NEW YORK, June 11, 2013 /PRNewswire/ -- KPMG's Tax Governance Institute (TGI) will focus on the Marketplace Fairness Act of 2013 with a webcast on Thursday, June 13, from 2 p.m. to 3:30 p.m. (ET), that examines the legislation which would allow states to require online and other out-of-state vendors to collect sales taxes on products and services they sell – even if they lack physical presence in the state where the customer resides.
Board and audit committee members, CFOs, tax directors and other business professionals interested in attending the program can register at: www.taxgovernanceinstitute.com.
"The legislation could be the largest game changer in state and local taxes in years," said Loren Chumley, KPMG's national practice leader for Indirect Tax who will participate in the webcast's panel discussion. "Companies likely to be affected need to stay alert to potential tax compliance requirements under the proposed law and should be paying close attention to the bill and new obligations that may eventually be imposed on them."
The live video webcast – titled "The Marketplace Fairness Act: What Does It Mean For You?" – will place a particular emphasis on the tax compliance challenges remote sellers and others may face, if the bill is enacted, as well as the need to expand the number of jurisdictions in which they are required to collect tax. Passed by the U.S. Senate in early May, the legislation has moved to the U.S. House of Representatives for consideration, where the outcome is uncertain.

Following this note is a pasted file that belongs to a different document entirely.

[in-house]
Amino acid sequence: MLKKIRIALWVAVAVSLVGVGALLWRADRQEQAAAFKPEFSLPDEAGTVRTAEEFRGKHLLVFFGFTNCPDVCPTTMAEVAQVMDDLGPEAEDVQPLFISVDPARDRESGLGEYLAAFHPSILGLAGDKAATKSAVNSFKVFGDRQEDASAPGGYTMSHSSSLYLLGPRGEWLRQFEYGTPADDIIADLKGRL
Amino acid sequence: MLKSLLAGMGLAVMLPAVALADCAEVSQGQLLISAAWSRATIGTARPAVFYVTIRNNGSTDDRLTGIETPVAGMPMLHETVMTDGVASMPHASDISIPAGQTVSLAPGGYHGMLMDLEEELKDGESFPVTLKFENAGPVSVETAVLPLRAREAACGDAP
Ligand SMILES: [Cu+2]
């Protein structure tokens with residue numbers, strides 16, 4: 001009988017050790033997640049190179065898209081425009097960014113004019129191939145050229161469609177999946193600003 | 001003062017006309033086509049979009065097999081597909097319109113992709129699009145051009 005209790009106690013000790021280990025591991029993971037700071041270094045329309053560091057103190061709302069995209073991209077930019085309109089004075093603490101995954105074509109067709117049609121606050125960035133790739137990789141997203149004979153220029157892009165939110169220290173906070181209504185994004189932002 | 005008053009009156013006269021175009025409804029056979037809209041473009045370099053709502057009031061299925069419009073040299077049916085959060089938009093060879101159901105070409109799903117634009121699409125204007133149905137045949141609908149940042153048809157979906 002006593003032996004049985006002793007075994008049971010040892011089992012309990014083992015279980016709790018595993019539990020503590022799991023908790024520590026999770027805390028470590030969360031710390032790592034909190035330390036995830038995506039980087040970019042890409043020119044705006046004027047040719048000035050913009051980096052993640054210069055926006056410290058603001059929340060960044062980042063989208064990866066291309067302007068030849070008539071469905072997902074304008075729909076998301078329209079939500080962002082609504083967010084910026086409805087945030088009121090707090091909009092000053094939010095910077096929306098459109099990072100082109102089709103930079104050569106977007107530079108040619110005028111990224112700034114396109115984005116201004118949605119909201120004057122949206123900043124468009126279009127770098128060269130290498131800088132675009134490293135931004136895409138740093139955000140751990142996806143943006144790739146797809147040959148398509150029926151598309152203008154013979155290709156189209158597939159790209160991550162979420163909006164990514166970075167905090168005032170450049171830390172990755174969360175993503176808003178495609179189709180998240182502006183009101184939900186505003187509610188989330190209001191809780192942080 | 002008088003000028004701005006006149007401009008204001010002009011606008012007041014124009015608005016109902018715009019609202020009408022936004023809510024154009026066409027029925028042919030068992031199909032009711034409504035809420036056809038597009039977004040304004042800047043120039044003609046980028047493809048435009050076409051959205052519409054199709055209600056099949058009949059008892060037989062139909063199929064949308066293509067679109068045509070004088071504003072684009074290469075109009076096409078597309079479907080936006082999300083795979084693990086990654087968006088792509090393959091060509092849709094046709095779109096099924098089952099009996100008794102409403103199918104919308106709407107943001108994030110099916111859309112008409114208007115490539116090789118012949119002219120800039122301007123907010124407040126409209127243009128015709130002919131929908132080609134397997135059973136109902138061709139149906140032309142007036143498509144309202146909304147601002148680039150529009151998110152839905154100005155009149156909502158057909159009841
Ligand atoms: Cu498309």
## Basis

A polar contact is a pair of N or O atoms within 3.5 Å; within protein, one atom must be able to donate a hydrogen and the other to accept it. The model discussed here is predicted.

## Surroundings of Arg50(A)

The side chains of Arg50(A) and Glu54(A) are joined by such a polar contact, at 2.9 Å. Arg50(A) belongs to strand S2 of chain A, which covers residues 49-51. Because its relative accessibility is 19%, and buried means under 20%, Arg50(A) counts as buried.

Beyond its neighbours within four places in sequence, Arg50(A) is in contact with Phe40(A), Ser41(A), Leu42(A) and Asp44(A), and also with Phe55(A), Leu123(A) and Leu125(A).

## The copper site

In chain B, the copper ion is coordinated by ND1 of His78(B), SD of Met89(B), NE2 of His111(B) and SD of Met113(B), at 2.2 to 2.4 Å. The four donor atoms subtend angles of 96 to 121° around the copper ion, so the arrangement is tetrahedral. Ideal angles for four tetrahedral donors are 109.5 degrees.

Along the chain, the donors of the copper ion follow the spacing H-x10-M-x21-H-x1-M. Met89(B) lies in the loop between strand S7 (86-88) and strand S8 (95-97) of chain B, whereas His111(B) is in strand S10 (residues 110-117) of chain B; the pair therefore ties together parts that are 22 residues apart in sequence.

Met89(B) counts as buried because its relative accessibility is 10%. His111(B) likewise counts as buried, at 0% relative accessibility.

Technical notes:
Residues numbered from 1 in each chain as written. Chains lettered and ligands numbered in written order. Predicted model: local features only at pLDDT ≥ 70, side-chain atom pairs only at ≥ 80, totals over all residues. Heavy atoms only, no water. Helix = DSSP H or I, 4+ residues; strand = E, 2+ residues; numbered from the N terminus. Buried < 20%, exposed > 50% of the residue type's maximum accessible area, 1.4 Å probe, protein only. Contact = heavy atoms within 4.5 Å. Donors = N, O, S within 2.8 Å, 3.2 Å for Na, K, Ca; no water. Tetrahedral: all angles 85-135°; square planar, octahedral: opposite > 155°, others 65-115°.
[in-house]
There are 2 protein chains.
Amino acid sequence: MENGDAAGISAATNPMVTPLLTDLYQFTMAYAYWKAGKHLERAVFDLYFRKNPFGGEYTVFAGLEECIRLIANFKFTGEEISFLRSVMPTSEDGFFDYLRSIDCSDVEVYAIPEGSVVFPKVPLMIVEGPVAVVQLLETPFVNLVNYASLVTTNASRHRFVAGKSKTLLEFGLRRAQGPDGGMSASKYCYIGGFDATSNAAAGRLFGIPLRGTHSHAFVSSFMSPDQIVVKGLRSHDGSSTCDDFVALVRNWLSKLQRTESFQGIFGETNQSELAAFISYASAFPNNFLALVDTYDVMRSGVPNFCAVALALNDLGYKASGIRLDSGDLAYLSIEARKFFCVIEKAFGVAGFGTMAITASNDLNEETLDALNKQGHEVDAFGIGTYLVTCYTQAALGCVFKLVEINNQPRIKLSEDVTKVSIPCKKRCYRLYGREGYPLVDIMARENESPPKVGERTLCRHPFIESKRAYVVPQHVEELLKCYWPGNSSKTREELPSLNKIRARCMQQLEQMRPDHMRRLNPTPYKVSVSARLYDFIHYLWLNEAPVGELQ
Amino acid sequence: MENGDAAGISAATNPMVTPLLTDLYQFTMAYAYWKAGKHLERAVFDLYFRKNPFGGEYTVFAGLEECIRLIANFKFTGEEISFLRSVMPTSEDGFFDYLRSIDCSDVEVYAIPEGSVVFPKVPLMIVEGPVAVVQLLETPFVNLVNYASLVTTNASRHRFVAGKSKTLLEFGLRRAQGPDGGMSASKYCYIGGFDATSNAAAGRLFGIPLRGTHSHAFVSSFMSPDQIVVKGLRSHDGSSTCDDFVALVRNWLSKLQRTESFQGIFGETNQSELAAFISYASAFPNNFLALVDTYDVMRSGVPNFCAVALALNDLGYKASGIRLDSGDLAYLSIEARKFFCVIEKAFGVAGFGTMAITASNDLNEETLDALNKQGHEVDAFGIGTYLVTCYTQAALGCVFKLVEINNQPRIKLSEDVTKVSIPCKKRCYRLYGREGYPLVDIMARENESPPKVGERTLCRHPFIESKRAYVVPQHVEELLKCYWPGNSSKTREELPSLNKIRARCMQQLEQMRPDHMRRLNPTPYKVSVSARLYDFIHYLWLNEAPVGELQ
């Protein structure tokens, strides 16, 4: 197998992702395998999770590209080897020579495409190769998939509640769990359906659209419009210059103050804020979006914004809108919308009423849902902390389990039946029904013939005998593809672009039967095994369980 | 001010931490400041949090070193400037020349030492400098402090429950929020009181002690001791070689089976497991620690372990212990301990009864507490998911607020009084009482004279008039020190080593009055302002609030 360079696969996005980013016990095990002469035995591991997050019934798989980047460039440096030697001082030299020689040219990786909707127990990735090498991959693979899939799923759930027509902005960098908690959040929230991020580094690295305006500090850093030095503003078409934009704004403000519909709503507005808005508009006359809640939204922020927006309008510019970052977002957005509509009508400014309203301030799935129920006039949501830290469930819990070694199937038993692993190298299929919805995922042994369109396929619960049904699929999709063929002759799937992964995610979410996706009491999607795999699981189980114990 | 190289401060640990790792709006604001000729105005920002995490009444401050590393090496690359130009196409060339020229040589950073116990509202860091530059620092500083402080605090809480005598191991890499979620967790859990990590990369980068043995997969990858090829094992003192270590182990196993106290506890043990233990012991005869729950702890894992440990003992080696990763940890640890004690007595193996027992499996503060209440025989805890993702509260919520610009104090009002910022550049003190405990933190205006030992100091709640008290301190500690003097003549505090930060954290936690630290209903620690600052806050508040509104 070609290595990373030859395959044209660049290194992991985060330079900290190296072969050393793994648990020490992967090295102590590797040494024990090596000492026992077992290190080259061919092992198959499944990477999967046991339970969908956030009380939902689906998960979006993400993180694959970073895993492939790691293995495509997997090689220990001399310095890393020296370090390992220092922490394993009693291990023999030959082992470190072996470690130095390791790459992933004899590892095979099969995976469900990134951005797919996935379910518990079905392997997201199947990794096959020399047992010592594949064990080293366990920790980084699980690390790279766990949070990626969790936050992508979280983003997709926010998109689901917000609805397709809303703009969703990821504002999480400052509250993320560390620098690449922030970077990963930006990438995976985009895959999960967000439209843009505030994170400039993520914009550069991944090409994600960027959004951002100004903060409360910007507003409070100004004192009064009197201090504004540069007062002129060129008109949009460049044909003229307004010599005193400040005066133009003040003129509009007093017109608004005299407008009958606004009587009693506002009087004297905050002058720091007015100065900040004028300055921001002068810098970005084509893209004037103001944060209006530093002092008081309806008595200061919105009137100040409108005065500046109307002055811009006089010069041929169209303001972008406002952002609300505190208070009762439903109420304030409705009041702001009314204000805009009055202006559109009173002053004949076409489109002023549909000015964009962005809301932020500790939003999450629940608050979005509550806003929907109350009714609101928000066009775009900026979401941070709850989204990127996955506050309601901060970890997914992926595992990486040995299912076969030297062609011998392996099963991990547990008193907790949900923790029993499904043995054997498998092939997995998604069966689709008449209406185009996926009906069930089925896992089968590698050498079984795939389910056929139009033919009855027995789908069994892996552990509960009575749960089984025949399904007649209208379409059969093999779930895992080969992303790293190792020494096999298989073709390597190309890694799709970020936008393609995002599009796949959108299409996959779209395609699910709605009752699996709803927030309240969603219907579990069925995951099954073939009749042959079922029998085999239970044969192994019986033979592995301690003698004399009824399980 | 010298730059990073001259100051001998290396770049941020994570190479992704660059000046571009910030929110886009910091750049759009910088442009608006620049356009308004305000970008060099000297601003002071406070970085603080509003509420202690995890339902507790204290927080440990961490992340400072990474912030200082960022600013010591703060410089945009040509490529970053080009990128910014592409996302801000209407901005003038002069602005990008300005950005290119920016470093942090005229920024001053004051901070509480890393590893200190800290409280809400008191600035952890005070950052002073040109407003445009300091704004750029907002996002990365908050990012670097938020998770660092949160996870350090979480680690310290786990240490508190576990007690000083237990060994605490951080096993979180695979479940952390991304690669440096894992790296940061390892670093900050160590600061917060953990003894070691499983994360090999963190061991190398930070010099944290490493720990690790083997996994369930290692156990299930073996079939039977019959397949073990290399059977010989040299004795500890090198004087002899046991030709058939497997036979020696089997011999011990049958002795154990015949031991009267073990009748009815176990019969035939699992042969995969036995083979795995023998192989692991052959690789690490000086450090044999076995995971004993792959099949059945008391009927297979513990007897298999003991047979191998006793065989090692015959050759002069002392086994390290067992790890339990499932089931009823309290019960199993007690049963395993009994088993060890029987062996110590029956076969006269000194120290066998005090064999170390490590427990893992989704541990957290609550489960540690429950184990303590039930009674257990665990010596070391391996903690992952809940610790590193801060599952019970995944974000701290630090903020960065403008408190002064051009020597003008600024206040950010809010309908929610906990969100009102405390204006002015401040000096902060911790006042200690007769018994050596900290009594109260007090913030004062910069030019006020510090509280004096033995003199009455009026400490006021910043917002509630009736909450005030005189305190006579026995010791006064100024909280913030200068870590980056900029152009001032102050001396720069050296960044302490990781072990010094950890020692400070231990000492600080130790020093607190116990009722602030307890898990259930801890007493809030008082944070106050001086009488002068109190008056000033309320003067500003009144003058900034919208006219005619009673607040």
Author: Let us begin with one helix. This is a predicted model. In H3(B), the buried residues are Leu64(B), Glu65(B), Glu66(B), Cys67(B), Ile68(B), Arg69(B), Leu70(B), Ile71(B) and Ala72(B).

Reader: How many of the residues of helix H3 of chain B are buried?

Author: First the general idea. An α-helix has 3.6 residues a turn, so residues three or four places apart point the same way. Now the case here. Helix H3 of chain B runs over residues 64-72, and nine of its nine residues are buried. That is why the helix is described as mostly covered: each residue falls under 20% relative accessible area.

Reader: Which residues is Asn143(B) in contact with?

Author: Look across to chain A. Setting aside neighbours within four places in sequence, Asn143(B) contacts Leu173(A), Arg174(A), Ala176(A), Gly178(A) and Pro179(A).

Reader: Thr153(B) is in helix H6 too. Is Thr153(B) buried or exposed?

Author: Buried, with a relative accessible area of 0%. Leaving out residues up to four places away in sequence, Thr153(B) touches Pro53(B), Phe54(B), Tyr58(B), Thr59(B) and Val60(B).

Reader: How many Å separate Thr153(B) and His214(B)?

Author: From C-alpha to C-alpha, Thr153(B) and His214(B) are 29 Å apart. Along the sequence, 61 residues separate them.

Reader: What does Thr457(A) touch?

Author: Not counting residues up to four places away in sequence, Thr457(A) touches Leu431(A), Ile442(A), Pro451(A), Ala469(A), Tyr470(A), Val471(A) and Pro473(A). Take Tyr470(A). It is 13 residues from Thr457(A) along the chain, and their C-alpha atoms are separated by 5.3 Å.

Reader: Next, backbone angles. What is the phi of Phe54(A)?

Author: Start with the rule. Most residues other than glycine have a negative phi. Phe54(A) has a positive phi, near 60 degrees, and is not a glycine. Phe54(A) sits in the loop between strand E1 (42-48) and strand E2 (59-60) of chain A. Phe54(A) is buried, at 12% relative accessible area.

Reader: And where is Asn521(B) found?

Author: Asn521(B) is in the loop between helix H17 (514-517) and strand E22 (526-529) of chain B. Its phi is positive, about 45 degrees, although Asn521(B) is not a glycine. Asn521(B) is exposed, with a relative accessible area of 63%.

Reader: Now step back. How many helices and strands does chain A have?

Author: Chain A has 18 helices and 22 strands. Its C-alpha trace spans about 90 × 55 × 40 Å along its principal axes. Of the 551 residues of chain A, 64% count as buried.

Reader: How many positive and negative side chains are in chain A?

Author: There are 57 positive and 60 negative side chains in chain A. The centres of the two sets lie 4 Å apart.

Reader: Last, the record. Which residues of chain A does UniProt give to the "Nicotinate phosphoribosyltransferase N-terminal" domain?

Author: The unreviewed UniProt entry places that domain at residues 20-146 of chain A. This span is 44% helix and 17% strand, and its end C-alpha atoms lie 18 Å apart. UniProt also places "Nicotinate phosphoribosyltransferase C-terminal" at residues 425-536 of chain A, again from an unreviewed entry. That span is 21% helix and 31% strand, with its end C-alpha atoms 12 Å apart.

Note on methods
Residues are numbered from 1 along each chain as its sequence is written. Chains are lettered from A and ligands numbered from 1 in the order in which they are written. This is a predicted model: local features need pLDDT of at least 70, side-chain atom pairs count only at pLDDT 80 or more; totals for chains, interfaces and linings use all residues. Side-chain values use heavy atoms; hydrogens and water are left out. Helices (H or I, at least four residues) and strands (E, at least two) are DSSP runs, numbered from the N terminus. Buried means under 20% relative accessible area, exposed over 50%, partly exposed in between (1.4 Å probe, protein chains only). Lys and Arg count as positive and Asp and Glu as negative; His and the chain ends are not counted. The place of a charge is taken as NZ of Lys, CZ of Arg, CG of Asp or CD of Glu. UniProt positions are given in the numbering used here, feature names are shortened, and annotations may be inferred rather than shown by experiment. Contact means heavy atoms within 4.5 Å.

Harley Duncan, managing director of the State and Local Tax group of KPMG's Washington National Tax practice, will moderate the discussion with a distinguished panel that will also include:
- Richard Dobson, executive director of Sales and Excise Tax, Kentucky Revenue Cabinet, representing the Streamlined Sales Tax Governing Board, and
- Meredith Garwood, vice president of Tax for Time Warner Cable Inc.
Topics to be covered include: requirements of the legislation, preparations being made by state tax agencies, alternative approaches for organizing the compliance function, technology tools to aid in indirect tax compliance, and the potential impact of the bill on compliance operations of U.S. businesses of all types.
Said Duncan, the former executive director of the Federation of Tax Administrators: "Whether Congress will pass the remote sales legislation, and whether changes might be made to the Senate bill, is uncertain. However, since the Senate passed the Act with a large bipartisan majority, it would suggest that the legislation should indeed be taken seriously."
The bill comes after more than 10 years of legislative efforts by state and local government officials and parts of the retail community who believe out-of-state sellers should be responsible for remitting the same sales and use taxes as those generated by traditional "brick- and-mortar" businesses. If passed, the bill would substantially change the sales tax landscape and affect the indirect tax compliance operations of nearly every business.
Part of the KPMG Institute Network (www.kpmginstitutes.com), the Tax Governance Institute (www.taxgovernanceinstitute.com) provides opportunities for board members, corporate management, stakeholders, government representatives and others to share knowledge regarding the identification, oversight, management, and appropriate disclosure of tax risk.
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SOURCE KPMG LLP